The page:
Practical steps to smooth the Transition into Secondary School
There are loads of positive initiative’s both you and your child can take as they start Secondary school. In Part Two of this feature, I will discuss three key areas for you to consider in order to ease this transition: One, the importance of learning support; two, your awareness of how the first few weeks are actually going for them; and three, practical tips for both you and your child to consider at school and at home. Part One of these transitioning tips was published two weeks previous and is available now to read here.
The Importance of Learning Support
- Secondary Schools will have learning support for your child. If your child’s new school is missing any key Information around this, ensure they get it as soon as possible. Some schools will have a staff meeting (in September), where your child’s year head will outline important strengths and weaknesses of each student (confidentiality assumed).
- Learning support at Secondary is different to that at Primary school level. Contact the school if your child had been receiving any type of support at Primary that their new school may not be aware of.
- Flag any difficulties that your child had in primary school, so that it is entered onto their personal file. The class tutor and year heads will then have access to it from there. Ensure to always request the correct learning supports that your child is entitled to.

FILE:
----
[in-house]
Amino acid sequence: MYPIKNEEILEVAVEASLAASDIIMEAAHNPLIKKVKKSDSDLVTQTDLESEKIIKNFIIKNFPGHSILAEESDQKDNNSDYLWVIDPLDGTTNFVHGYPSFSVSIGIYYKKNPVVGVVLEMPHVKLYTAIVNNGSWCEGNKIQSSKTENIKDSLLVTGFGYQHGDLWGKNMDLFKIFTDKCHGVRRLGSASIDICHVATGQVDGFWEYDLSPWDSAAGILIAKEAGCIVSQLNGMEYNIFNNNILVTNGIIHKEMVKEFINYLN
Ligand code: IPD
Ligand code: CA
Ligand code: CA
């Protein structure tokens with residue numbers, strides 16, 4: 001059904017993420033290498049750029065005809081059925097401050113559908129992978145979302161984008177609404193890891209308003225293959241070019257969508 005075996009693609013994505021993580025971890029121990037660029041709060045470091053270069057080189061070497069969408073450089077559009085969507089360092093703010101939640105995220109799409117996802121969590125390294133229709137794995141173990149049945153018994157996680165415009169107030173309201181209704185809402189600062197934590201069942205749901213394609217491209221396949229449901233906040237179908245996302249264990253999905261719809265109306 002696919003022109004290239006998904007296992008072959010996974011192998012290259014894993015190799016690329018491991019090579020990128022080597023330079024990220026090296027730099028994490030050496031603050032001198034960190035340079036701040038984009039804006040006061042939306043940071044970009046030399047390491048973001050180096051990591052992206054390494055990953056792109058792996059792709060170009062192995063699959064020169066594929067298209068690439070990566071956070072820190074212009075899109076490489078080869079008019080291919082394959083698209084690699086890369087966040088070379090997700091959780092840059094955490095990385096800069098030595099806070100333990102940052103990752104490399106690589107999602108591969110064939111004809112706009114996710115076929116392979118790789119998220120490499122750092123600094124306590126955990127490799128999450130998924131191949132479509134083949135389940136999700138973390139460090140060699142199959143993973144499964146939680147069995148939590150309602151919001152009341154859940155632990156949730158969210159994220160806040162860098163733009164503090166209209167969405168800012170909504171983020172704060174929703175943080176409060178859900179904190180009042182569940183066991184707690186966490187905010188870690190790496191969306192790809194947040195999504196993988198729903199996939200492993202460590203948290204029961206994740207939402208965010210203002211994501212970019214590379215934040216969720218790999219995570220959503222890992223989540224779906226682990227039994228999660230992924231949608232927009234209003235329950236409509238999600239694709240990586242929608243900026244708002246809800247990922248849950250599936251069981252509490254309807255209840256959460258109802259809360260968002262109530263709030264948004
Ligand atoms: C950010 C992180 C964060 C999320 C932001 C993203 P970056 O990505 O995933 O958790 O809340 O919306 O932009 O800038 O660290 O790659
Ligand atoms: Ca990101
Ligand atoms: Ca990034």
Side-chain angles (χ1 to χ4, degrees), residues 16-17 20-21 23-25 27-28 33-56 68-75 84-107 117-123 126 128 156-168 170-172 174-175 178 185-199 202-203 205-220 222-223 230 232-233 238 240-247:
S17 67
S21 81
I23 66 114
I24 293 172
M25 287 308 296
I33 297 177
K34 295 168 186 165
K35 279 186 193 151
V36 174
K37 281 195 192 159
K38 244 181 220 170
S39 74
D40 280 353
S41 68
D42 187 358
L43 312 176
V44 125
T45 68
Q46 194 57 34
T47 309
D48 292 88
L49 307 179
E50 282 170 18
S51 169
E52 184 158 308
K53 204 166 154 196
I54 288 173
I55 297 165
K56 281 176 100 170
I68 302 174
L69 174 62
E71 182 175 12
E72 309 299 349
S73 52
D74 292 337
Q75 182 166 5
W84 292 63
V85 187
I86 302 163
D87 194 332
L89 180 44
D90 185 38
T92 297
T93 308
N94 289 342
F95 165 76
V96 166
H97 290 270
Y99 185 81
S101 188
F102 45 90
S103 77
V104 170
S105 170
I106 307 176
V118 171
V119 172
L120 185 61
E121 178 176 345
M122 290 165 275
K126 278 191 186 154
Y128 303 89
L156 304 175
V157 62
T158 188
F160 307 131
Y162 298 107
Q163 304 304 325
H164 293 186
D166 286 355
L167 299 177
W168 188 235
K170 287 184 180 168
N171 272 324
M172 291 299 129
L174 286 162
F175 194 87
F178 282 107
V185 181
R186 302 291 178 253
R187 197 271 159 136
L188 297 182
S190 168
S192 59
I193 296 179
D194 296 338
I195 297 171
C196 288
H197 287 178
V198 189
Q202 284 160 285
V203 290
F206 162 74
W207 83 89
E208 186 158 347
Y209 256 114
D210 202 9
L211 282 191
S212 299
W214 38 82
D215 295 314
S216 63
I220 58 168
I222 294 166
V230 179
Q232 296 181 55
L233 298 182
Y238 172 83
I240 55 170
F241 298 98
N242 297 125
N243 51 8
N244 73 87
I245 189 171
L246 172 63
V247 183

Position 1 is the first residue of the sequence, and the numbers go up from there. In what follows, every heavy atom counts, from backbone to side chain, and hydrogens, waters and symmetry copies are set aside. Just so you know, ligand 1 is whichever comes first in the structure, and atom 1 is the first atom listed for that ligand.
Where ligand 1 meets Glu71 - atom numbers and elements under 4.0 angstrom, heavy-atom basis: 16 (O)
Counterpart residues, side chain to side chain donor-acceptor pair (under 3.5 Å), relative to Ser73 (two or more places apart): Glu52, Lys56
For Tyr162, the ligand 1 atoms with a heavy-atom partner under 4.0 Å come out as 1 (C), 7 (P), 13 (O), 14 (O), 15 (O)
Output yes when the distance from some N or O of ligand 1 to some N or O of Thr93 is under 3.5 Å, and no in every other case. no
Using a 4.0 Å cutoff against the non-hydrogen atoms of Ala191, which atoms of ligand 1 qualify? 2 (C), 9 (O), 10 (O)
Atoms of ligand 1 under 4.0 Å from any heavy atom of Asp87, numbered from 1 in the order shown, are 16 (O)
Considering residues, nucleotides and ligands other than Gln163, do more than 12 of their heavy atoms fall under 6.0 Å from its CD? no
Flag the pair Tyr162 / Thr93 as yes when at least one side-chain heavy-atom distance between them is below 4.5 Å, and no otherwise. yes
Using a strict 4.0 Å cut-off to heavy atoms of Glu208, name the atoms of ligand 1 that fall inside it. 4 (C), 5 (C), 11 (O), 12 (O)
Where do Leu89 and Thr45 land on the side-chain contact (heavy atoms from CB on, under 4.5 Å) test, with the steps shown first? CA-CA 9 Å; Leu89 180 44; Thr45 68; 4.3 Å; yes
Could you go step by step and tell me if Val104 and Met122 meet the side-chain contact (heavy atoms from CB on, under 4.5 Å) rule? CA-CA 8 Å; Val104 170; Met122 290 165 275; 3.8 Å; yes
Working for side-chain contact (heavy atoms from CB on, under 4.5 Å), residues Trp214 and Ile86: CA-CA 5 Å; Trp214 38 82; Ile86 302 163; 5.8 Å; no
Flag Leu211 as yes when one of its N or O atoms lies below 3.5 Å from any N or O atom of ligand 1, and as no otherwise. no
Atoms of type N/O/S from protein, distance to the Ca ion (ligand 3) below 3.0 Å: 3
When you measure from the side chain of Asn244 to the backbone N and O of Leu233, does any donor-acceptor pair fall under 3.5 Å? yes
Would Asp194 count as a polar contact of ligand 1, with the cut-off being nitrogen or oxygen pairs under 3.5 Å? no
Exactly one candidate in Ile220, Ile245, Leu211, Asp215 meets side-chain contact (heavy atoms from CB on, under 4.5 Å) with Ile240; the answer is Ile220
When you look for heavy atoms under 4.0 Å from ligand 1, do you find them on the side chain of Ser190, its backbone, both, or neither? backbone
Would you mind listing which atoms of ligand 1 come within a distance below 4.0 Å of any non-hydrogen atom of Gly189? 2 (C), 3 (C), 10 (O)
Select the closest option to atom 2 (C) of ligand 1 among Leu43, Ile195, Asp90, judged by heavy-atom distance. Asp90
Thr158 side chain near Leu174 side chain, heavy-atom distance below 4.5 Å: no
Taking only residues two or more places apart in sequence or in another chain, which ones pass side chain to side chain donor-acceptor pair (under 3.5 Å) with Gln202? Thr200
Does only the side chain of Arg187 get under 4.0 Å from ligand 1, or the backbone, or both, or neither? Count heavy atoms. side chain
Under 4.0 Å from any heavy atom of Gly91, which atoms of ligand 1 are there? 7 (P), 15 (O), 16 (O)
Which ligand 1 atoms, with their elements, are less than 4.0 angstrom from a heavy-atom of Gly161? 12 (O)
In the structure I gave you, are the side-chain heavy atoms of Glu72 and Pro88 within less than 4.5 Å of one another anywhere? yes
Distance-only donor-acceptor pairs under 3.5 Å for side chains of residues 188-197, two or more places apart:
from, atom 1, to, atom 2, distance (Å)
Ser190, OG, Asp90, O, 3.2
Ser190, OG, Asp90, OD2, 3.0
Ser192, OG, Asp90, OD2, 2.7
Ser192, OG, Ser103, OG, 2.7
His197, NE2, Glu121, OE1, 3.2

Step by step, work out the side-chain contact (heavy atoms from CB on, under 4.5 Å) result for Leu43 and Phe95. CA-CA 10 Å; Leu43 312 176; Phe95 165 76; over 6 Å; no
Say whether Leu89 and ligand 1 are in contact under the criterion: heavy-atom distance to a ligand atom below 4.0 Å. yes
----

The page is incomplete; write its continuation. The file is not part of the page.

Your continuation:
- If your child has complex special educational needs, they may need a transition plan to assist them to transfer to their new secondary school. You and your child will be involved in developing this plan. Other people may be involved, as necessary, including relevant teachers from their primary and post-primary school, NEPS psychologist, health professionals etc.
- As appropriate, a support plan may also include information on your child’s learning, social and communication, care, (for example: dressing, toileting, mobility, and medication), sensory (such as over sensitivity to noise, textures, lights) and physical needs that require environmental adaptations such as changes to the school building, adapted seating or other specialised equipment.
- Most post-primary schools will have links with their feeder primary schools. This allows for an easier transfer of information between them. Usually, there is contact between the 6th class primary/resource teacher and the receiving post-primary school. This will help to overcome any disconnect between what was taught in primary and the starting point in certain subjects at second level.
- For all parents, I would recommend writing a one page profile about your child noting the difficulties and barriers they faced at primary school. Include in it the strategies that worked and that didn’t work for them. This would be valuable Information for their tutor, year head and individual subject teachers should you like them to have it. I know that as a teacher, I am always pleased to get Insights like this, should parents be willing to present them. It gives us as teachers a deeper understanding into how each child interacts and learns, allowing us to support and get to know our students better. Outcomes are always better when Insightful Information about a child is shared.
You may also wish to ask the school management team some key questions at the start of your child’s first year…
- Where can my child go if they are struggling, anxious or having a meltdown?
- What happens at break and lunch time? i.e. unstructured time
- How can my child get help with reading, spelling, Maths, or homework?